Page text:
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How Yemen's civil war went cyber

Yemeni soldiers
Yemeni soldiers in Sanaa, Yemen. Photo: Mohammed Hamoud via Getty Images

The conflict tearing Yemen apart is a human catastrophe and a geopolitical mess. It's also providing a look at how today's shooting wars spill over into digital conflict, even in the poorer corners of the world, as two presentations at Wednesday's CyberwarCon in Washington, D.C., elucidated.

The backdrop: Houthi rebels, backed by Iran, currently control the capital city of Sanaa — and with it the main internet service in the country, YemenNet. President Abed Rabbo Mansour Hadi's government, backed by the Saudis, control much of the rest of the country, save for a few territories controlled by al-Qaeda in the Arabian Peninsula. The Hadi government launched its own internet service in its territory, AdenNet.

By gaining control of YemenNet, the Houthis gained control of the “.ye” domain — the Yemeni equivalent of “.com.” At the conference, threat intelligence firm Recorded Future noted that the Houthis used that control to take over national websites and declare themselves the official government.

  • It had already been reported that the Houthis disrupted access to social media networks and to any website showing troop positions. They also cut as much as 80% of the incoming submarine cables providing internet to disrupt international communications.
  • New from Recorded Future's findings: It appears that the Houthis have installed cryptocurrency mining operations on the internet infrastructure in order to fund the regime.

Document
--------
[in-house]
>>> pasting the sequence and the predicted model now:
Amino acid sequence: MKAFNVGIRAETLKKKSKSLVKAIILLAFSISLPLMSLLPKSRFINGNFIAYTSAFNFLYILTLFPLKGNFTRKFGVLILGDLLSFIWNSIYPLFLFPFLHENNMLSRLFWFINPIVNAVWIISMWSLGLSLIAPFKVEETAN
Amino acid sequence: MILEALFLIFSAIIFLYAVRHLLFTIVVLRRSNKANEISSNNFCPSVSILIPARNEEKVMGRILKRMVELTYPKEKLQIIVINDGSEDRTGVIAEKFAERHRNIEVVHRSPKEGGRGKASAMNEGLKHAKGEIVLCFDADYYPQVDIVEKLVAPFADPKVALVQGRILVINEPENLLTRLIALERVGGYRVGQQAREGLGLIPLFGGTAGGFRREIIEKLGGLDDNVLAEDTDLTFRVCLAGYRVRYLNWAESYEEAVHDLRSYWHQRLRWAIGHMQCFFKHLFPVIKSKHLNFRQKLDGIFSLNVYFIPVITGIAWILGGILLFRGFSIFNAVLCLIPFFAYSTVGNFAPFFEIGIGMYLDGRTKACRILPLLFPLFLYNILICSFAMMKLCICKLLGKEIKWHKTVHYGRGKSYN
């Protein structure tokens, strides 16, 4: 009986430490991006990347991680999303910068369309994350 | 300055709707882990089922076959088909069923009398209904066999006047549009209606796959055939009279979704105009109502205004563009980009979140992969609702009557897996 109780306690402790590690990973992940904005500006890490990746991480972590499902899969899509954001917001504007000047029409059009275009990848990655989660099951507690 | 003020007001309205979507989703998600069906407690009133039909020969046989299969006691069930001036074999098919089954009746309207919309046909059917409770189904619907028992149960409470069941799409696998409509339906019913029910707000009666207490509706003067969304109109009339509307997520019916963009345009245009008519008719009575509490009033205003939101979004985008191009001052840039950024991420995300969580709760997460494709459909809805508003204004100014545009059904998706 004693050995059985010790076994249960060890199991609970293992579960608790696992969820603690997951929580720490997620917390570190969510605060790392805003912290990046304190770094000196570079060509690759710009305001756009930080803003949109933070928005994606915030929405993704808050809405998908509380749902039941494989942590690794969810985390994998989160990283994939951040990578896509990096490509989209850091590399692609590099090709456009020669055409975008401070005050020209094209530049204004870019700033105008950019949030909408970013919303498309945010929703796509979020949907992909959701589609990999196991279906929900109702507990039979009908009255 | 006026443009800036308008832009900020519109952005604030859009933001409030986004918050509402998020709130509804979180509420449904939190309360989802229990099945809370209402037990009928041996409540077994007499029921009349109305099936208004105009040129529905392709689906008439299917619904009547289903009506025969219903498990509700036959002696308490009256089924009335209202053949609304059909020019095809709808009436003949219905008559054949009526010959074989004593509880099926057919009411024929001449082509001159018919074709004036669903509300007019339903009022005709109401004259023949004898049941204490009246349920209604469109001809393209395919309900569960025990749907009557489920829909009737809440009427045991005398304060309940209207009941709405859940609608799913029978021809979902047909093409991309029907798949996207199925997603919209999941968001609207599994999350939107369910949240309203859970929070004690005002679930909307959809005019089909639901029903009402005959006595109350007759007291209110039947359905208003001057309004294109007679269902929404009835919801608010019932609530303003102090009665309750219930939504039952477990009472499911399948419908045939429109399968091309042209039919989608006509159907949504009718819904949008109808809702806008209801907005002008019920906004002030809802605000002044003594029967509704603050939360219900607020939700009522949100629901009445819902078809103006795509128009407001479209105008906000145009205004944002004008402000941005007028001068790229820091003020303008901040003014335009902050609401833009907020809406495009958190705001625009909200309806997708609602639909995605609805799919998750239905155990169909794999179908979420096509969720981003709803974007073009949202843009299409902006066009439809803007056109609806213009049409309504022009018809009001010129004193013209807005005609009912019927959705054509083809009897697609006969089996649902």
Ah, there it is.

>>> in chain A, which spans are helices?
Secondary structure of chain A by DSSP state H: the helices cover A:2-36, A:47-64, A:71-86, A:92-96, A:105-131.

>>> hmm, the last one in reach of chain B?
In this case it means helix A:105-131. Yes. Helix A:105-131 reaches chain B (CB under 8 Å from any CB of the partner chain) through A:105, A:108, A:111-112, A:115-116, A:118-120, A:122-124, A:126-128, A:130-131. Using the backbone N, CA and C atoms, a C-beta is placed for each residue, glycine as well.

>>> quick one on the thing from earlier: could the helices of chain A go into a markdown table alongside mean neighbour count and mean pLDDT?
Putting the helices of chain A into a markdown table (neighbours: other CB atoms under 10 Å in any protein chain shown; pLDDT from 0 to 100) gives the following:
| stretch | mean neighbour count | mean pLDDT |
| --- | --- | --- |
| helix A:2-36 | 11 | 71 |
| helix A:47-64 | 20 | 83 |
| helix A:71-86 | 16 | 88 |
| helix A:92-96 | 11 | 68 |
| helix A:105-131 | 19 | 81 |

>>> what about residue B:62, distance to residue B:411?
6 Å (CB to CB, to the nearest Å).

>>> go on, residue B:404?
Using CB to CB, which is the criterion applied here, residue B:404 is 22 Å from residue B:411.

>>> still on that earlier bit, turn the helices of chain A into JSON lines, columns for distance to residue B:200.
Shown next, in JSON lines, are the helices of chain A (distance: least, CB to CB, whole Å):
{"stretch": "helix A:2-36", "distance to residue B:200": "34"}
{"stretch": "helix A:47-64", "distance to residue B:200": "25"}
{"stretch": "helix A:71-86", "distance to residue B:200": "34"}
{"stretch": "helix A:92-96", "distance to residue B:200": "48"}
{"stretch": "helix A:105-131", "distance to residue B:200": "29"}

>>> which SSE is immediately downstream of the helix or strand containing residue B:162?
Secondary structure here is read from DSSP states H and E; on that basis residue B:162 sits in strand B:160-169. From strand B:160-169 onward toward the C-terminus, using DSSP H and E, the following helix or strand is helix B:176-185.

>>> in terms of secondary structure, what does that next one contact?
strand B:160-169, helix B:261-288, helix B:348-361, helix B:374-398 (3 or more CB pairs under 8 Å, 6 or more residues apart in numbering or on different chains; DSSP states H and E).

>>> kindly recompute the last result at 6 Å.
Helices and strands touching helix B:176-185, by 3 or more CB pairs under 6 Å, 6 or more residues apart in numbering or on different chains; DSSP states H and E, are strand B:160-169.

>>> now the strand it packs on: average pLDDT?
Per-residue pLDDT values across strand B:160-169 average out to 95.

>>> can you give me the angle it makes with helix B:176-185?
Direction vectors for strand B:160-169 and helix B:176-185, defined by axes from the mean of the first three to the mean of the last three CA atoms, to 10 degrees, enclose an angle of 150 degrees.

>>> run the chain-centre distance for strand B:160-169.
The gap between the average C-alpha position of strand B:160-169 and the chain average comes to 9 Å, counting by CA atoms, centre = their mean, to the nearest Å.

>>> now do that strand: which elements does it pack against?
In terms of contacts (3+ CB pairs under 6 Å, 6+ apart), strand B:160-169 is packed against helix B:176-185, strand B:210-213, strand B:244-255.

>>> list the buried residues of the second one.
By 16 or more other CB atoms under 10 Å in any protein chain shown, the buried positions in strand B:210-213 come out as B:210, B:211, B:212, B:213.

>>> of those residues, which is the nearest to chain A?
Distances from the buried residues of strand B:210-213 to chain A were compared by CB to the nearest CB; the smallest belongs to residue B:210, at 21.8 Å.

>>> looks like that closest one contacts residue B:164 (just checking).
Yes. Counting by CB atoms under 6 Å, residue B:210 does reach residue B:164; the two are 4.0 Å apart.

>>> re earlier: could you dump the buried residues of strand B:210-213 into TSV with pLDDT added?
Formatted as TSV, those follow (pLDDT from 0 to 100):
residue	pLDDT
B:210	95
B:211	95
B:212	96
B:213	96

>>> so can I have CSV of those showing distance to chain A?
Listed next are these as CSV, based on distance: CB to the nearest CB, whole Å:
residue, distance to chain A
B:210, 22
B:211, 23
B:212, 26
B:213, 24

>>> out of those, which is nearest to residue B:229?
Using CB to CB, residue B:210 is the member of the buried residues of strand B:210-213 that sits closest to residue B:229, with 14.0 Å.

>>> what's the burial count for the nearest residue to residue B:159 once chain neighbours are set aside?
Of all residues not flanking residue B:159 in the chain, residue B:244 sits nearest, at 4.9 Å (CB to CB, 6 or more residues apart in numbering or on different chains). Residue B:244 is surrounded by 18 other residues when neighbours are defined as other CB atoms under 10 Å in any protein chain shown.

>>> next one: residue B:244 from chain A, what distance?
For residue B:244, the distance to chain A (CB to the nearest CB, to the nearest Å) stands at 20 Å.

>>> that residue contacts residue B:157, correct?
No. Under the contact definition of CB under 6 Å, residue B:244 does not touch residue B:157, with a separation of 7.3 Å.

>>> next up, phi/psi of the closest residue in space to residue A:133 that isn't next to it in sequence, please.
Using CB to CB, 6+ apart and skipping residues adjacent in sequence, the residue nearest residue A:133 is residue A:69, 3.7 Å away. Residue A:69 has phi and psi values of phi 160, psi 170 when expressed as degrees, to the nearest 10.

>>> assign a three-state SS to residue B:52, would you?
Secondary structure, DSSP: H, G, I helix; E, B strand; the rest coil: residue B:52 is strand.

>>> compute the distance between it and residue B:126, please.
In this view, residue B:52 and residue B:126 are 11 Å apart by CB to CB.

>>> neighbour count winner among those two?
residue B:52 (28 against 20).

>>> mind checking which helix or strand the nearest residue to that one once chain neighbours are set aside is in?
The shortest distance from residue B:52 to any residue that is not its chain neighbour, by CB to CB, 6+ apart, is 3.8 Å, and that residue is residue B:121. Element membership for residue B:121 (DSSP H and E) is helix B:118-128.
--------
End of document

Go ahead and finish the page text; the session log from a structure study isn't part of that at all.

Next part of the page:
The Hadi government built its AdenNet using Huawei routers. The Chinese telecommunications firm’s presence reflects China’s practice of using infrastructure assistance to secure valuable alliances (the Belt and Road initiative). Yemen is currently a war zone, but some day it will return to being a nation that controls important shipping lanes.

  • Accepting China's infrastructure aid comes at a cost. Huawei is believed by most Western countries to sabotage its own equipment to facilitate Chinese spying.

The influence campaign: The Houthi government is also running social media influence campaigns to pressure the West and Saudi Arabia to stop bombing Yemen, Johns Hopkins student Dan O’Keefe reported at CyberwarCon.

  • The campaigns use a "Twitter board" — essentially a massive collection of prewritten tweets focusing on a topic of the day.
  • Citizens, including those directed to the boards from government websites, select tweets and post them rapid-fire to try to make issues trend.
  • The campaigns suggest a maximum posting rate so the accounts don't get flagged as bots.

Though many big players are involved in bringing weapons to the region — with Saudi Arabia and Iran, both liberal users of surveillance technology, among them — it doesn't appear that there is a proxy war of surveillance tech underway in Yemen, yet.

  • Recorded Future notes that the level of devastation in the conflict reduces surveillance's payoff: The humanitarian crisis limits the amount of tech being used in Yemen and makes guns a more "useful" export.
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